The lying starts with their name.
1. Electric eels aren’t actually eels. They’re members of the knife fish family.
2. The critters are native to South American rivers, but they don’t spend all their time underwater. They have to come to the surface to breathe.
3. All of an electric eel’s vital organs are crammed into the front 20 percent of its body. The rest is packed with 6000 cells that act like tiny batteries.
4. With that much body devoted to electricity, it’s no wonder an eel can zap out more than 600 volts!
5. An eel’s voltage is great for defense, but it also comes in handy for stunning prey, mostly crustaceans and small fish.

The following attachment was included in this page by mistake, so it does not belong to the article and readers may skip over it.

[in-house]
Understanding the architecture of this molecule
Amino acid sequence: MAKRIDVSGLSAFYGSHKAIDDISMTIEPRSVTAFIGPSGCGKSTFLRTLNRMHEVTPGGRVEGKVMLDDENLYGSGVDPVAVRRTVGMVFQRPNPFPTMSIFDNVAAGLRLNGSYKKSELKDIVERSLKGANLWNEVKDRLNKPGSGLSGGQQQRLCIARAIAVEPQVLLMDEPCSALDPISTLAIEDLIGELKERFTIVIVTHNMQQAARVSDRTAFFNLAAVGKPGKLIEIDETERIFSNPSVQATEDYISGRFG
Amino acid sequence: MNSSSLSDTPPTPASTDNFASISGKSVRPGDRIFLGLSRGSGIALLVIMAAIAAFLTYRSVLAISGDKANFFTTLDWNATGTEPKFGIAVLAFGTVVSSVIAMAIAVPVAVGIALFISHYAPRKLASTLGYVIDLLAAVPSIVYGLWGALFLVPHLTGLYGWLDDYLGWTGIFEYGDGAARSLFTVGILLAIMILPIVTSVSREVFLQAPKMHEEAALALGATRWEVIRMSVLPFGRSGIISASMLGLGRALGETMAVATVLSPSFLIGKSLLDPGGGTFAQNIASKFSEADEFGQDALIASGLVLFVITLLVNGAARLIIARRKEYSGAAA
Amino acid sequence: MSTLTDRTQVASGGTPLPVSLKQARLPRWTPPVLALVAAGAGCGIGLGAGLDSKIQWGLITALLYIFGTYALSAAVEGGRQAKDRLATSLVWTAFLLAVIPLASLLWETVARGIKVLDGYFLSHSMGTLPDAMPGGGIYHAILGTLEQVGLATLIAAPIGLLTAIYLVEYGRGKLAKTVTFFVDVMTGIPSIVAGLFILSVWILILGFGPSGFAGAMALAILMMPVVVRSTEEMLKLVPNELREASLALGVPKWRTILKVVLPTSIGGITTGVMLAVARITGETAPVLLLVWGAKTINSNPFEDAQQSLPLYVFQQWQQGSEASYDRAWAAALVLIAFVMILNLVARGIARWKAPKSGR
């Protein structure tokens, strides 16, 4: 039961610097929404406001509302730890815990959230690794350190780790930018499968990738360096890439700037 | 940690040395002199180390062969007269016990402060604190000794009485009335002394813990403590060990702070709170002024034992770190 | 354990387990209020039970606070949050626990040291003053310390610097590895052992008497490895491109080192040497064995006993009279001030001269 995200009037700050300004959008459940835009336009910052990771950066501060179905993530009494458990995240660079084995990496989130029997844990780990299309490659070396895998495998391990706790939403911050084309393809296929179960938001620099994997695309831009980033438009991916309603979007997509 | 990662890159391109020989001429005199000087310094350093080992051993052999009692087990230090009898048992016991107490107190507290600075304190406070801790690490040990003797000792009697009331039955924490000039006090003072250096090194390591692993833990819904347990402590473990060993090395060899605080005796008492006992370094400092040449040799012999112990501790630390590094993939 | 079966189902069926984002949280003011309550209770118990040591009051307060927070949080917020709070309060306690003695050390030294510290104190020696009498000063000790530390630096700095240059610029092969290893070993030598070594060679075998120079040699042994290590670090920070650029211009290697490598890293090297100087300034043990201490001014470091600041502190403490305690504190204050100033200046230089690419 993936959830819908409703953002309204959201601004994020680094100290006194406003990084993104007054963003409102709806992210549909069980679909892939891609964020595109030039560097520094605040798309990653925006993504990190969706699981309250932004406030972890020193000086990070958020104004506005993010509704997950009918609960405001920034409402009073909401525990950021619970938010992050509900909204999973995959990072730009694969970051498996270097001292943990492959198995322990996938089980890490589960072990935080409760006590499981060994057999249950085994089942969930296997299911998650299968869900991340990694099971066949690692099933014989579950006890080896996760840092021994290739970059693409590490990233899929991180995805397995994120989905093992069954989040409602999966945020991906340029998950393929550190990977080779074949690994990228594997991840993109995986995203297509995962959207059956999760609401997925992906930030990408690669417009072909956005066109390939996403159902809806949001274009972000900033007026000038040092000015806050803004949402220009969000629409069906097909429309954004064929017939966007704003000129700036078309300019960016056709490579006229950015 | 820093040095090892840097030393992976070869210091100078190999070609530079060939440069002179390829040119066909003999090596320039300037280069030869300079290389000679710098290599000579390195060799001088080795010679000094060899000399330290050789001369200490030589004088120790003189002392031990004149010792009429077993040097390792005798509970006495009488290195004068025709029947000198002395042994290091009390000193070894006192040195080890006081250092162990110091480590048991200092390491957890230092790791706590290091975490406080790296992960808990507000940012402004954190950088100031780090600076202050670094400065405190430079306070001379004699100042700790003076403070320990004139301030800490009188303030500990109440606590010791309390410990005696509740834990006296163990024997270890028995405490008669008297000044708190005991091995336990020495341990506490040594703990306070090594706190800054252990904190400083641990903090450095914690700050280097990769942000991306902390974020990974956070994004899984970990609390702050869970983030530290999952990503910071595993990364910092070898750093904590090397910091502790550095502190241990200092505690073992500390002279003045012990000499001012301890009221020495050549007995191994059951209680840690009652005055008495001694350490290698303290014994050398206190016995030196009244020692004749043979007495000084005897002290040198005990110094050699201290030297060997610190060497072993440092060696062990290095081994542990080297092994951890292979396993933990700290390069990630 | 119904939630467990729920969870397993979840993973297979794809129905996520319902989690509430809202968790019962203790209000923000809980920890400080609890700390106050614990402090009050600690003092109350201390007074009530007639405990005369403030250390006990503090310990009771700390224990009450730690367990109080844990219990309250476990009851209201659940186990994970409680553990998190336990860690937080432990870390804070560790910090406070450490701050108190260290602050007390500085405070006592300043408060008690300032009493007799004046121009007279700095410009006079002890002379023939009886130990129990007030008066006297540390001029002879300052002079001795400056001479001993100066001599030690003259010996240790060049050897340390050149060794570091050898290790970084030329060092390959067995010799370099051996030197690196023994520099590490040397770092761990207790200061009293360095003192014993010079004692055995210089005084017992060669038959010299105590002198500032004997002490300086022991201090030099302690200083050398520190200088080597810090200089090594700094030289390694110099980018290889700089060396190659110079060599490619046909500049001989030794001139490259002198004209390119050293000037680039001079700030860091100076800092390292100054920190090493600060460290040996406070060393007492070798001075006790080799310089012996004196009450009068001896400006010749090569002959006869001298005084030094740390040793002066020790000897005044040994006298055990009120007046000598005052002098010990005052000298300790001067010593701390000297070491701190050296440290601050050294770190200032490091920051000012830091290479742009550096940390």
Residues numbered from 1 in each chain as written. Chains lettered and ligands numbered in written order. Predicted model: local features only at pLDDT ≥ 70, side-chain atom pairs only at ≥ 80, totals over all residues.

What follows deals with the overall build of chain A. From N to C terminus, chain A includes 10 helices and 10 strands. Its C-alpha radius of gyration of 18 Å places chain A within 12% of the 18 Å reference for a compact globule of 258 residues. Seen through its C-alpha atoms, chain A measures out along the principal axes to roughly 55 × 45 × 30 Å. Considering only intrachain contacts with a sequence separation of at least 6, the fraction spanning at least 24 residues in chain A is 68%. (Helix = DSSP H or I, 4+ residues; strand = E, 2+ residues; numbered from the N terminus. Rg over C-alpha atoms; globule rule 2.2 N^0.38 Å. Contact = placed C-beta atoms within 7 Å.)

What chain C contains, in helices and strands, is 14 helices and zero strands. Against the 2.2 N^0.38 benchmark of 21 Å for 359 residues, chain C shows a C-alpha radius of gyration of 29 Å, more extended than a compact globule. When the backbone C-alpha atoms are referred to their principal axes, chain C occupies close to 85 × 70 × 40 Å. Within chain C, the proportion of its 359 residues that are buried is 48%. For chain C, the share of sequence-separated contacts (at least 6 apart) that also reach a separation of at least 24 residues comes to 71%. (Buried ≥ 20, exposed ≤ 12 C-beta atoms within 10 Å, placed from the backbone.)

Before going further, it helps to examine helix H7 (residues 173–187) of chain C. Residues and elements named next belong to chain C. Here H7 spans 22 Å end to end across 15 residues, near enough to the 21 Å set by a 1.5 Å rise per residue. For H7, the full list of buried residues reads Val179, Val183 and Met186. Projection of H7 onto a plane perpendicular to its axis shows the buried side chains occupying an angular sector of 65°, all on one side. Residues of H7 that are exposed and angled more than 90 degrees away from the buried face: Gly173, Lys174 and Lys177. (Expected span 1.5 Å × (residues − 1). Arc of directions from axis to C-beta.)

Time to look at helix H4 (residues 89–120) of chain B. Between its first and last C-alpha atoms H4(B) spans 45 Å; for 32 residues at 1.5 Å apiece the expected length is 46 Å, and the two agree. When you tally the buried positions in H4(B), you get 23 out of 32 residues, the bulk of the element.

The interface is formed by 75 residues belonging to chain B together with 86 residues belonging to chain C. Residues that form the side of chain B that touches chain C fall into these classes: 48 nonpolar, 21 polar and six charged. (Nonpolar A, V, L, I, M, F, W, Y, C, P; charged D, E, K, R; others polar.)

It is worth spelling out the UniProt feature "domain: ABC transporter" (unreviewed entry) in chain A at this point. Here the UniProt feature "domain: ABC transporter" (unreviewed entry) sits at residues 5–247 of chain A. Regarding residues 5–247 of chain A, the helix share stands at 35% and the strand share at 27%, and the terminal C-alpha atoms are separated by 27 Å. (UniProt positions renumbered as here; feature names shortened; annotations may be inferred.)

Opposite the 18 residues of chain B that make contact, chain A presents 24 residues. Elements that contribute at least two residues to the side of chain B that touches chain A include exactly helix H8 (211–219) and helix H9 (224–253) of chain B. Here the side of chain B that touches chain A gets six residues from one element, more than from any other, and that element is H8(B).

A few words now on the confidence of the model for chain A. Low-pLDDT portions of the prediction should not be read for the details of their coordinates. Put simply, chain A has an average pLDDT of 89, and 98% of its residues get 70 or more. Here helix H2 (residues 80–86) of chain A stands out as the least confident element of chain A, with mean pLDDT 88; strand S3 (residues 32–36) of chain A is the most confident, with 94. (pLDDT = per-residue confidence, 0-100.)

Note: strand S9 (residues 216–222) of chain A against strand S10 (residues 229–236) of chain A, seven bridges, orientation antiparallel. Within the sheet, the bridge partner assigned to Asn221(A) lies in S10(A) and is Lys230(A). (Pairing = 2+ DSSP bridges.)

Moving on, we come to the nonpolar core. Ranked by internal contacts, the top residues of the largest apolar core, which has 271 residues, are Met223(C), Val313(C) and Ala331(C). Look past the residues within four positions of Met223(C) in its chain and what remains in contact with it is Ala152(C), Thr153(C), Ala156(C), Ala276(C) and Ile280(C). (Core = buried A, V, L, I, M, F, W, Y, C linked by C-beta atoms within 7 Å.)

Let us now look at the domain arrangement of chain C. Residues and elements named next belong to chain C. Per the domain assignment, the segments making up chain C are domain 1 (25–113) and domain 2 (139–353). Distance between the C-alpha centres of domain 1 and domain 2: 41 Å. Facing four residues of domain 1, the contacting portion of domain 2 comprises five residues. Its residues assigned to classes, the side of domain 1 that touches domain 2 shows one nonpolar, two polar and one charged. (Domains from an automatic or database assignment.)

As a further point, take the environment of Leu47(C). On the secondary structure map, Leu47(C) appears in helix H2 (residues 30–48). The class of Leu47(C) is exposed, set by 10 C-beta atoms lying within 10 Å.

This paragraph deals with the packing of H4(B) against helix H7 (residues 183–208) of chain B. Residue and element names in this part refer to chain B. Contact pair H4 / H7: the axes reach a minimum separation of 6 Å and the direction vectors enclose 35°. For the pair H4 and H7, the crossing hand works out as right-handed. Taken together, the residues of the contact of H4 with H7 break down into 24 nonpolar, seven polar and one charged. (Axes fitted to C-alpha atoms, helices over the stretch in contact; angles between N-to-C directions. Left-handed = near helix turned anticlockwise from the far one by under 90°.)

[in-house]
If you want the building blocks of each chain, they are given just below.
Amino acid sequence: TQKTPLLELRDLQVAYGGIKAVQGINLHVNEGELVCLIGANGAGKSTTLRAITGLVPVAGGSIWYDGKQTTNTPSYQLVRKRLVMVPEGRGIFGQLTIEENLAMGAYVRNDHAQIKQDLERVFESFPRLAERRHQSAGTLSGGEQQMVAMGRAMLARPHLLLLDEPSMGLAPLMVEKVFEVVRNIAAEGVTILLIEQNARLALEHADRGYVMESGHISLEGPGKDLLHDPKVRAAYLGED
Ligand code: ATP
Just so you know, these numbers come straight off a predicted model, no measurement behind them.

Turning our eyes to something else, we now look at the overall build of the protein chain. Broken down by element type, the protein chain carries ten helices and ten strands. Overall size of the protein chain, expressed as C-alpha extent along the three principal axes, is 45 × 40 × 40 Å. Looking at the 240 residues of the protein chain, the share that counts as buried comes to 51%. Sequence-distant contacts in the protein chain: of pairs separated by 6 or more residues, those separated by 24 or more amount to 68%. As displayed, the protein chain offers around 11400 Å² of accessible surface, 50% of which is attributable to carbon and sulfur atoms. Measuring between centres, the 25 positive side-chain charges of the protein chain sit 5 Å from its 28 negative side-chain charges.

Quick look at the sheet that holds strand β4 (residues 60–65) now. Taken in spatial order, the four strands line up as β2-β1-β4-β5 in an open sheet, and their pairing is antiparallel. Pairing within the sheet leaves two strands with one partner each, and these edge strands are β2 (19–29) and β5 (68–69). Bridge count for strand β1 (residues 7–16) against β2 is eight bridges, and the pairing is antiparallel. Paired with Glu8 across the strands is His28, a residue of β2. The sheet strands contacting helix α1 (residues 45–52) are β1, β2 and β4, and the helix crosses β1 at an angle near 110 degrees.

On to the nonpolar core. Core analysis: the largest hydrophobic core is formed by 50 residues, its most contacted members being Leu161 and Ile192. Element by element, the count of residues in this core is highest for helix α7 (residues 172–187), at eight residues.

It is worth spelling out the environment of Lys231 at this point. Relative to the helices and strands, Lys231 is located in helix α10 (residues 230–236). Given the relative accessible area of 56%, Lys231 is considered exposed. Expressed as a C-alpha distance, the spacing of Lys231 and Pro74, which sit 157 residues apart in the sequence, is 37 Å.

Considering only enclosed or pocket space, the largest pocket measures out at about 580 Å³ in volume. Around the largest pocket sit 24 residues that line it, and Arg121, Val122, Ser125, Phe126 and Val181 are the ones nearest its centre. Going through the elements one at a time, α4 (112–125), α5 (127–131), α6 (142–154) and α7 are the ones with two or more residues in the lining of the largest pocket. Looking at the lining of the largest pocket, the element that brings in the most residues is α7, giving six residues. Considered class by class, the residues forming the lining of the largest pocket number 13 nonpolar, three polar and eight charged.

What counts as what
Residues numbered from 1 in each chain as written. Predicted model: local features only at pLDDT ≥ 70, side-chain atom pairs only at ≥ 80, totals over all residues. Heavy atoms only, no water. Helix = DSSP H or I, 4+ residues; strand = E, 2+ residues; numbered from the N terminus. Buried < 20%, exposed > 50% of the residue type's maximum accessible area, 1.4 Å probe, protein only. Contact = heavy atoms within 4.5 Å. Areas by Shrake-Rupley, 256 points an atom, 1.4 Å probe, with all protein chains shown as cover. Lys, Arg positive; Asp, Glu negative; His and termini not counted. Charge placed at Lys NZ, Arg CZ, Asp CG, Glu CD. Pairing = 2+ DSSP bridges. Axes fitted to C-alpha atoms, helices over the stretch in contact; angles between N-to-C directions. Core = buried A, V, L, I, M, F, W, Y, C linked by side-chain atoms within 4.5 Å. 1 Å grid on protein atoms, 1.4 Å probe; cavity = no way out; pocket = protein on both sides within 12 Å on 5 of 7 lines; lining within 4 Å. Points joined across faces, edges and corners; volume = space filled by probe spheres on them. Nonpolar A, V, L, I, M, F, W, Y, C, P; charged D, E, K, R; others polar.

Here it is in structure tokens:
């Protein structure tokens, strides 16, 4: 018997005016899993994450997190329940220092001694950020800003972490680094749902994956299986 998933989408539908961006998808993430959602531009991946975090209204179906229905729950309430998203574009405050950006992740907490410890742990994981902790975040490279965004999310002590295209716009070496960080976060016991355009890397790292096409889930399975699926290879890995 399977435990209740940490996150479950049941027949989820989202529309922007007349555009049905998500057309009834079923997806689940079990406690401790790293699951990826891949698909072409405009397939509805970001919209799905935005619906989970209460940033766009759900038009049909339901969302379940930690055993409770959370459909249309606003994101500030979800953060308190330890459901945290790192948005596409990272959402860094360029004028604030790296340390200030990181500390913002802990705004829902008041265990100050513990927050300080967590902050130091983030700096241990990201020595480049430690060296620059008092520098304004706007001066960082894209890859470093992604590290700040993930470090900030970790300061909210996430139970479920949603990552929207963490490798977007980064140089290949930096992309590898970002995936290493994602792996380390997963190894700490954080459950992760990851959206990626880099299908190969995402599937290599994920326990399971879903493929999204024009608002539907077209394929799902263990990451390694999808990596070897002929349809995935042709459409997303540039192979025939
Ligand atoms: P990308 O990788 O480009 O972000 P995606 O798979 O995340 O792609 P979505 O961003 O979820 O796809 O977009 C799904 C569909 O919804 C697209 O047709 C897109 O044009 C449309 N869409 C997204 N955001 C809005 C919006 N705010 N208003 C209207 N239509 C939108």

6. Electric eels can’t see what they’re shocking. They’re mostly blind and use a radarlike system of electrical pulses to navigate and find food.
7. Eels’ thick skin normally insulates them from their own attacks, but when wounded, they’ll shock themselves!
8. A fully grown electric eel can be up to eight feet long and weigh 44 pounds!
9. Fatal attacks on humans are rare, but that doesn’t mean eels are harmless. People have drowned after being shocked.